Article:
The mixed-station MOVE.1 procedure generally was applied in cases where three or more gaging stations were located on the same large river and some of the gaging stations could not be adjusted using the weighted-average method because of regulation or drainage areas too large for application of RREs. The mixed-station MOVE.1 procedure was applied to 66 selected gaging stations on 19 large rivers.

The general approach for using mixed-station record extension procedures to adjust at-site frequencies involved (1) determining appropriate base periods for the gaging stations on the large rivers, (2) synthesizing peak-flow data for the gaging stations with incomplete peak-flow records during the base periods by using the mixed-station MOVE.1 procedure, and (3) conducting frequency analysis on the combined recorded and synthesized peak-flow data for each gaging station. Frequency estimates for the combined recorded and synthesized datasets for 66 gaging stations with incomplete peak-flow records during the base periods are presented. The uncertainties in the mixed-station record extension results are difficult to directly quantify; thus, it is important to understand the intended use of the estimated frequencies based on analysis of the combined recorded and synthesized datasets. The estimated frequencies are considered general estimates of frequency relations among gaging stations on the same stream channel that might be expected if the gaging stations had been gaged during the same long-term base period. However, because the mixed-station record extension procedures involve secondary statistical analysis with accompanying errors, the uncertainty of the frequency estimates is larger than would be obtained by collecting systematic records for the same number of years in the base period.

Suggested Citation

Sando, S.K., Sando, Roy, McCarthy, P.M., and Dutton, D.M., 2018, Adjusted peak-flow frequency estimates for selected streamflow-gaging stations in or near Montana based on data through water year 2011 (ver. 1.1, February 2018): U.S. Geological Survey Scientific Investigations Report 2015–5019–D, 12 p., https://doi.org/10.3133/sir20155019D.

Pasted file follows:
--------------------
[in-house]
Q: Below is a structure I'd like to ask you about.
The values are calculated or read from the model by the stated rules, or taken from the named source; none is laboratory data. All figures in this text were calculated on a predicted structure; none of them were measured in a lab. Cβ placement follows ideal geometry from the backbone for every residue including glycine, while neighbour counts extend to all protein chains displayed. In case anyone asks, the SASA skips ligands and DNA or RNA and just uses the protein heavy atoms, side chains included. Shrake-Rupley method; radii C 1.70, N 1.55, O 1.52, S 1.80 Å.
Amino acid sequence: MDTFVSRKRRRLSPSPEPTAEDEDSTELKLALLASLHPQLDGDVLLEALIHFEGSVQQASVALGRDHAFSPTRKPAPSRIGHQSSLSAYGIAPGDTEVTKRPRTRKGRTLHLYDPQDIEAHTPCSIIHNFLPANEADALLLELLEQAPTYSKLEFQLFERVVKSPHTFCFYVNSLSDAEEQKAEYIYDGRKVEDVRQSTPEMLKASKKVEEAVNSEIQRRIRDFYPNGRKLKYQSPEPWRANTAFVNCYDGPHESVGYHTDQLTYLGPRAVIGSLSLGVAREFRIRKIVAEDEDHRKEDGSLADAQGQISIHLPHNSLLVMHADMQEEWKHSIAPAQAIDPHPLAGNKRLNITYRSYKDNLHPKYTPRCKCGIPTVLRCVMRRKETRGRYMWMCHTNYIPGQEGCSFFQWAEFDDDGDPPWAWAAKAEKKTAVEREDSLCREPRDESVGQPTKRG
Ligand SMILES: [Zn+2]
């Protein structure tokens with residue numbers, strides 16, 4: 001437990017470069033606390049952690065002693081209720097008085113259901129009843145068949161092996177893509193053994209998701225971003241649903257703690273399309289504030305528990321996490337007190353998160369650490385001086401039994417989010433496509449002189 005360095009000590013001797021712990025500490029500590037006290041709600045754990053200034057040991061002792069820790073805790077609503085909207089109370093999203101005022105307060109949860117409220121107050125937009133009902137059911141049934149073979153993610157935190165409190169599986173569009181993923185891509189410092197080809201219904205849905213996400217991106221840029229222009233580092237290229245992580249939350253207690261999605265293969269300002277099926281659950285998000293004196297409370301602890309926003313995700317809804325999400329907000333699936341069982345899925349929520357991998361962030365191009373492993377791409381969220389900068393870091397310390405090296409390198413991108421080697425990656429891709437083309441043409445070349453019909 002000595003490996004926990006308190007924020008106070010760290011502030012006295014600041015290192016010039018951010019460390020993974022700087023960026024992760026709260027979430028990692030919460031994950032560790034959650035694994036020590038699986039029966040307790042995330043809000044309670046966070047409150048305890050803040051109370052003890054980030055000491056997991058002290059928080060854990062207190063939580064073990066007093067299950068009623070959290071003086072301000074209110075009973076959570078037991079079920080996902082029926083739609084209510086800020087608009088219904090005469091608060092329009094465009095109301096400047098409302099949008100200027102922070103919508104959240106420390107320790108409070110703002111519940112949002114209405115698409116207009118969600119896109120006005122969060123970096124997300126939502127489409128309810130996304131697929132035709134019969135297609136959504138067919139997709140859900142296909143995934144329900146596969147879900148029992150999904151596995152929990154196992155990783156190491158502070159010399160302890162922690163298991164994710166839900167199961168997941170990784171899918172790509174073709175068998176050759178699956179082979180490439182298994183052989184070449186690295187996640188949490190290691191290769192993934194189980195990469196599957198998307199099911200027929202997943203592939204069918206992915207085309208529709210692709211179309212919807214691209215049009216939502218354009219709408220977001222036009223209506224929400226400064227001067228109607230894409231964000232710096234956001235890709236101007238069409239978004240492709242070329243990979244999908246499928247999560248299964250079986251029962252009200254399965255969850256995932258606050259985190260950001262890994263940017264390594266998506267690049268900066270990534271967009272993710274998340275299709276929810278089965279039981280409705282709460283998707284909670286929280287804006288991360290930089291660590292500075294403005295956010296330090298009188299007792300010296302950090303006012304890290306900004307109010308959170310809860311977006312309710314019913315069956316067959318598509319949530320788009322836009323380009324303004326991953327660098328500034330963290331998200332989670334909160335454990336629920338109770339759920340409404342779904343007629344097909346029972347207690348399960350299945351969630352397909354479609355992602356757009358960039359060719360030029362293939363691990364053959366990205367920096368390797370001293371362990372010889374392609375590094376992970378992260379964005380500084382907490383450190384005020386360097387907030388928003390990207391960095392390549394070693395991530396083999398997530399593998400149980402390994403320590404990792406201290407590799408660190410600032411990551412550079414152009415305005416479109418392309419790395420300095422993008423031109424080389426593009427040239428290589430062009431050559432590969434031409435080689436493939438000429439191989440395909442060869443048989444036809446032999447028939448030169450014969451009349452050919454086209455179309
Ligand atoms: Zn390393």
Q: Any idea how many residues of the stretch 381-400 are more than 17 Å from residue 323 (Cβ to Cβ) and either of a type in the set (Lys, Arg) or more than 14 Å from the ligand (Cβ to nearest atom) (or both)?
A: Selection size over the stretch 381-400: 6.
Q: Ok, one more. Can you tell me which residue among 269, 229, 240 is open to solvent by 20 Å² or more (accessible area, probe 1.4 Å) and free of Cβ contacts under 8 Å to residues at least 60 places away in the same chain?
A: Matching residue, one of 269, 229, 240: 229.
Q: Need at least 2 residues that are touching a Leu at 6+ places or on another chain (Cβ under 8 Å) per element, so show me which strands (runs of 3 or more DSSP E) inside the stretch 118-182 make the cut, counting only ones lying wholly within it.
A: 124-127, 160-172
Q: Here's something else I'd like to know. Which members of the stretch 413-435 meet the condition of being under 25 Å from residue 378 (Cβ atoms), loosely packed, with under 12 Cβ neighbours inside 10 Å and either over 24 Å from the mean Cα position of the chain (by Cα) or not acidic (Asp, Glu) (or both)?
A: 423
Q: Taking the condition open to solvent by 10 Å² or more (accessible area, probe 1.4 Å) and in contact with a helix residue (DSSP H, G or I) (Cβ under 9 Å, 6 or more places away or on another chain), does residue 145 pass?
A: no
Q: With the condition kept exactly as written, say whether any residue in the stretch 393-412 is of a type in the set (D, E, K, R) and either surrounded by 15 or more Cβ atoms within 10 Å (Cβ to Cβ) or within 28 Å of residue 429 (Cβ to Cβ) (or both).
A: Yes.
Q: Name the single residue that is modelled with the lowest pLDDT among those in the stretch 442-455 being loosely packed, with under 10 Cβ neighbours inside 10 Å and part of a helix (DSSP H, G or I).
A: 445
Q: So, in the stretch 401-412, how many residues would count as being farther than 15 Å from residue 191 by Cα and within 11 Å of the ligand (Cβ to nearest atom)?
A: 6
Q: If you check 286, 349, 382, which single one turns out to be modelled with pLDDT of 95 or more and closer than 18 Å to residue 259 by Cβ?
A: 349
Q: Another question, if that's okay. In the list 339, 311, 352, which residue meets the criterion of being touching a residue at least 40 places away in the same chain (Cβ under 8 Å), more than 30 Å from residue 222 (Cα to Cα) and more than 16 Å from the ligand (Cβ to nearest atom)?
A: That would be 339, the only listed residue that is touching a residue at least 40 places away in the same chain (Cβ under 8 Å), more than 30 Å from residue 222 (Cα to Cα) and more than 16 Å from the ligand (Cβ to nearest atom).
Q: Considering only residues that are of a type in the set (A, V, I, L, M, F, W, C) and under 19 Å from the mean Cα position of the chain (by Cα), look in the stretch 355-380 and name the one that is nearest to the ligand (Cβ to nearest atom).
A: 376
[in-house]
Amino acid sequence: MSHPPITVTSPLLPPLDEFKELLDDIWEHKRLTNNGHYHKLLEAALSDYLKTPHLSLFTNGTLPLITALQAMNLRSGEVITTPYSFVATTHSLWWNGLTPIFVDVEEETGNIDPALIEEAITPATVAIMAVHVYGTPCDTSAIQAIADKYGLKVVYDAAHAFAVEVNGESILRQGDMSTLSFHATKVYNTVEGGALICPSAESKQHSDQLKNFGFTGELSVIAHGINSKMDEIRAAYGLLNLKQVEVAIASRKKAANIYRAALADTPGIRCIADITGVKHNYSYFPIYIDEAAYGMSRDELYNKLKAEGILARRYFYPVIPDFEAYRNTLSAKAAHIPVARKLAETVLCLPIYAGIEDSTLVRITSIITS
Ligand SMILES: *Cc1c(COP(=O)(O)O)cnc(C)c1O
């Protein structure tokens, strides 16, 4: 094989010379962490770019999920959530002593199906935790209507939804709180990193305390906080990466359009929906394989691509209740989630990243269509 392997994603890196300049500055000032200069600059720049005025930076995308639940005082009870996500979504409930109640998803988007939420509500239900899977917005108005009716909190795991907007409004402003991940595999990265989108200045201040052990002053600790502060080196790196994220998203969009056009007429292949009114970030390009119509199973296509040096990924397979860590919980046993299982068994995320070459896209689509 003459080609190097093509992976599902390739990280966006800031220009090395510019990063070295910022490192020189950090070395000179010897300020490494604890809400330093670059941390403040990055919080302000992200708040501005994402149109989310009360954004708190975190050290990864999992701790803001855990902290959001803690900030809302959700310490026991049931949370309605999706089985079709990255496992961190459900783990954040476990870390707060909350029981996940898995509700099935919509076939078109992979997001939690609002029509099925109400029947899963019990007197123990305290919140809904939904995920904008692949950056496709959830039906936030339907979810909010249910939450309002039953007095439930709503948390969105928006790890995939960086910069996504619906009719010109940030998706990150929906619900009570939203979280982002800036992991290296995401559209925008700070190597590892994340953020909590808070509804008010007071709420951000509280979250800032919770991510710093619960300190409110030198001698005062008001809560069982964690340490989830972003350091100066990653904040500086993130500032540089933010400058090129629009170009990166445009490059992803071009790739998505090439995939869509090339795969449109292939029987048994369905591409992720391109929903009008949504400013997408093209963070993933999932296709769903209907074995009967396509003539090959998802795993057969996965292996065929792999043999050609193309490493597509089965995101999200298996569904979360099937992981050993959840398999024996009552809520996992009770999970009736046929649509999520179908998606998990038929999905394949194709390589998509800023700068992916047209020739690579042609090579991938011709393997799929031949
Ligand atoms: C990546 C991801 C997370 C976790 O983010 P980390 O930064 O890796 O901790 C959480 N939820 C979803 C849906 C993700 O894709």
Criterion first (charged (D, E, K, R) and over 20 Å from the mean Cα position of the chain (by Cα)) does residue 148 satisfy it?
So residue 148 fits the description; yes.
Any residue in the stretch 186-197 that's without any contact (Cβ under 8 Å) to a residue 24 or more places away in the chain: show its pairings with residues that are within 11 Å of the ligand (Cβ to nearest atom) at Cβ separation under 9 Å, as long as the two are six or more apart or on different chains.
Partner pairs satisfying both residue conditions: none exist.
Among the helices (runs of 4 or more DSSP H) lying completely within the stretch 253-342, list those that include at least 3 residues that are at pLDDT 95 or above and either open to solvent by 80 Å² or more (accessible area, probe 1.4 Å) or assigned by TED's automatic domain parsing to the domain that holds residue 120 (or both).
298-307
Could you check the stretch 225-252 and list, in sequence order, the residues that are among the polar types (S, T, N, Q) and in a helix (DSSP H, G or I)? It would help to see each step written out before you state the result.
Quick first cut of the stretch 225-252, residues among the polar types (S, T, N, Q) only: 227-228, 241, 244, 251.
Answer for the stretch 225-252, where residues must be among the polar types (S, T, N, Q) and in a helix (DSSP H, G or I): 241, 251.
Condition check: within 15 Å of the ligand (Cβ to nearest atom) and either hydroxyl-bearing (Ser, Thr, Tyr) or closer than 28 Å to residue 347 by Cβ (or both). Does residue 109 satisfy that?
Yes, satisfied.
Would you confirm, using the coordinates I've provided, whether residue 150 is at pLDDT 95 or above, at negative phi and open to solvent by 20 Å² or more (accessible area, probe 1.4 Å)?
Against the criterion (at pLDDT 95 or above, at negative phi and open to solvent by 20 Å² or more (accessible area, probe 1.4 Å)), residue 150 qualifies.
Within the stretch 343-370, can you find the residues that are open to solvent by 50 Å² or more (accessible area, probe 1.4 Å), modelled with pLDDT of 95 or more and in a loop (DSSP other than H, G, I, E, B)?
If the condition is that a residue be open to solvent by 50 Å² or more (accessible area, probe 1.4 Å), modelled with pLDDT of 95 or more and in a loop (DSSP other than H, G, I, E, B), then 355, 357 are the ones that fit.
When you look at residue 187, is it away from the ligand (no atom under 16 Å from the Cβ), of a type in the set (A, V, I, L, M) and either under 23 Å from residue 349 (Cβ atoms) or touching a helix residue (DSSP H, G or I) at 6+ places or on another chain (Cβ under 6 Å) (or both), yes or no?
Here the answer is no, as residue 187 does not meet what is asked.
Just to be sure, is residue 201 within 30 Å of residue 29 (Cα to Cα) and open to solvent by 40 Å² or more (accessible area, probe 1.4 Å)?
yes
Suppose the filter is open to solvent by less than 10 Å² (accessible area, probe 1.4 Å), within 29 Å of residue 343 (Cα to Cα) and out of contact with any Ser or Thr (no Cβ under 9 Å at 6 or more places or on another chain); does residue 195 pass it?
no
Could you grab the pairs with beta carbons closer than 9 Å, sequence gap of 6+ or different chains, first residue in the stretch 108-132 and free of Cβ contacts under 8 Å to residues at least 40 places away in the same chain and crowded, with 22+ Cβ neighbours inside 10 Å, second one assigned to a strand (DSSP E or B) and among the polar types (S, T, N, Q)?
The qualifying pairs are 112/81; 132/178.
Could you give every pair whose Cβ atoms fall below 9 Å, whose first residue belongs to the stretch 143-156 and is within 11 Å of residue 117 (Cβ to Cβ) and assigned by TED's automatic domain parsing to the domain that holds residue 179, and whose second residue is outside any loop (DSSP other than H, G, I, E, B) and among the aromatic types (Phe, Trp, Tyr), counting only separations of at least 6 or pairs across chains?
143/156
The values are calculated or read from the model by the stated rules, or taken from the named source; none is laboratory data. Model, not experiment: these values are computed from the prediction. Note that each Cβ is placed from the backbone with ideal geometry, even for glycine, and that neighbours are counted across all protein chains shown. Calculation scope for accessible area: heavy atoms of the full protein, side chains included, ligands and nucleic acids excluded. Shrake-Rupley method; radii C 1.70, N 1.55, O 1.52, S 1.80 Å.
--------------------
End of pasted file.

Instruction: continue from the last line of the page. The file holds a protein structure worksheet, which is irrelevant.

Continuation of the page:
ISSN: 2328-0328 (online)

Study Area

Table of Contents

  • Acknowledgments
  • Abstract
  • Introduction
  • Methods of Analysis
  • Adjusted Peak-Flow Frequency Estimates for Selected Streamflow-Gaging Stations in or near Montana
  • Summary
  • References Cited
  • Appendix 1. Information on Selected Streamflow-Gaging Stations, Peak-Flow Frequency Adjustment Methods, And Adjusted Peak-Flow Frequency Estimates

Additional publication details

Publication type Report
Publication Subtype USGS Numbered Series
Title Adjusted peak-flow frequency estimates for selected streamflow-gaging stations in or near Montana based on data through water year 2011: Chapter D in Montana StreamStats
Series title Scientific Investigations Report
Series number 2015-5019
Chapter D
DOI 10.3133/sir20155019D
Edition Version 1.0: April 6, 2016; Version 1.1: February 26, 2018
Year Published 2016
Language English
Publisher U.S. Geological Survey
Publisher location Reston, VA
Contributing office(s) WY-MT Water Science Center
Description Report: v, 12 p.; 5 Tables
Larger Work Type Report
Larger Work Subtype USGS Numbered Series
Larger Work Title Montana StreamStats (Scientific Investigation Report 2015-5019)
Country United States
State Montana
Online Only (Y/N) Y
Additional Online Files (Y/N) Y